“Hey Freakazoid, did you call?”
“Hey, Zach Silar, thank you for coming by — did you manage to try to comply with my request, for the best powerup that there is?”
Zach’s brow furrowed as though to say “Why are you rhyming, Freakazoid?” Freakazoid shrugged slightly as though to say “Crossovers, man. Whatcha gonna do?” Zach nodded, reaching into his backpack.
“Yup! It’s ice cold. Guess you got an urge?”
“Indeed, Mr. Siler, please hand me that can of Surge.”
Freakazoid popped the can open, and chugged it down.
“It ain’t flat! Uh, don’t mean to be a copycat, but I gotta tell you, this soda sure is all that.”
Zach Silar shrugged, and left.
Freakazoid unpaused the game, now fortified by corn syrup and bubbles, and the two continued down the final loop of the Rainbow Road, their eyes intent, their gaze unwavering.
While focused on the screen, Washington quietly sang “One last time….”
Freakazoid belched so loud he may have been heard on the Continent. He looked somewhat embarrassed, and more than a little proud. He turned to see if any of the readers noticed, when his car flew off the road! As it was lifted back to the track, Washington flew past him …to victory.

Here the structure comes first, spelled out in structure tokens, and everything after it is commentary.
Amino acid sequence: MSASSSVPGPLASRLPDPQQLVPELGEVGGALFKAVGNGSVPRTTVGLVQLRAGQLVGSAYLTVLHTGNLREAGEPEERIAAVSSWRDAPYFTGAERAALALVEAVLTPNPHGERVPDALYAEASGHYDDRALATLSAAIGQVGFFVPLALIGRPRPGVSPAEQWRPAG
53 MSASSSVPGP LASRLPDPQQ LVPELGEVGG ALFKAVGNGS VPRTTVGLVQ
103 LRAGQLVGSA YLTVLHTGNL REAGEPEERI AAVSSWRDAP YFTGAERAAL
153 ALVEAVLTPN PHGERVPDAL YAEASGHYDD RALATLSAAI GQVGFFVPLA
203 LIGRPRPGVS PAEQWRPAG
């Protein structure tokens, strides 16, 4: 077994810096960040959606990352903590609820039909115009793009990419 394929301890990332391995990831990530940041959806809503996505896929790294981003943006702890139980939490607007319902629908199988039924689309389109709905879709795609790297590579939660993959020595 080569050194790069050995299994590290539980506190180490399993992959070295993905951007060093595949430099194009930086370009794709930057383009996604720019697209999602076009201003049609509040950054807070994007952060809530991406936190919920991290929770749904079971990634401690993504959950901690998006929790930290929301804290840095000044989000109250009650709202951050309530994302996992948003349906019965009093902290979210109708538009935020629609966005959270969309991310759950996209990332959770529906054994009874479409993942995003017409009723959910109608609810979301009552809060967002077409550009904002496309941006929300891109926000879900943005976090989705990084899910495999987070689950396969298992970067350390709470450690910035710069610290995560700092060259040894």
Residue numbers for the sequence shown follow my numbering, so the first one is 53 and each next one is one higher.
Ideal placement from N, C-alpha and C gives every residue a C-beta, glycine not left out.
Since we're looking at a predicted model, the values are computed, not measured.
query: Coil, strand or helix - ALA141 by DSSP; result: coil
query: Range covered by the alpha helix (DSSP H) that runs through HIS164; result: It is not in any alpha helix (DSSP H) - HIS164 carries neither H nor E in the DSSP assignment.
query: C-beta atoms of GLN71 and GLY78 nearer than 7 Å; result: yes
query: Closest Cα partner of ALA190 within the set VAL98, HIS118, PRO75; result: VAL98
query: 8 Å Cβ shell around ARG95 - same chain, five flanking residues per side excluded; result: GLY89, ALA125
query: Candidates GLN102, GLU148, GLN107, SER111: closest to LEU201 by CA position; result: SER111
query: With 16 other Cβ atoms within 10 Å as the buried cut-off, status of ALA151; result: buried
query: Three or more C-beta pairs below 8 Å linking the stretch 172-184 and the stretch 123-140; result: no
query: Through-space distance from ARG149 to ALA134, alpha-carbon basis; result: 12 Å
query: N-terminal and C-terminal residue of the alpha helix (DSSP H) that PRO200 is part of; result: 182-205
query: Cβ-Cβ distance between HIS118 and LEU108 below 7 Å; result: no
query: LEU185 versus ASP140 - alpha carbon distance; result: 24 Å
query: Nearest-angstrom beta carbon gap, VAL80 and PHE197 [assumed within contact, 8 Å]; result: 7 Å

Washington stood, and nodded silently and slowly.
Freakazoid wept loudly. And wetly. As he wiped his nose, Washington reconsidered the dignified handshake he had planned. He nodded again instead, and declaimed,
“Mr. Freakazoid, you have fought with honor and with bravery.”
“General, for sure it was a good game –your name remains number one, and you’re lots of fun. Yes sir, it was a pleasure, though someday I’d like a rematch, we’ve scratched only the surface of what I can do. But for now, before I get too attached, General, I’m gonna use this escape hatch.”
Freakazoid bowed gallantly, stuffed beanbags and games into a smart looking valise, opened a doorway in midair, and stepped through it, closing it behind him. As the door closed, it disappeared.
The General, mouth slightly agape, shook his head and, after a few moments, sat down behind his desk.
“Here comes the General!”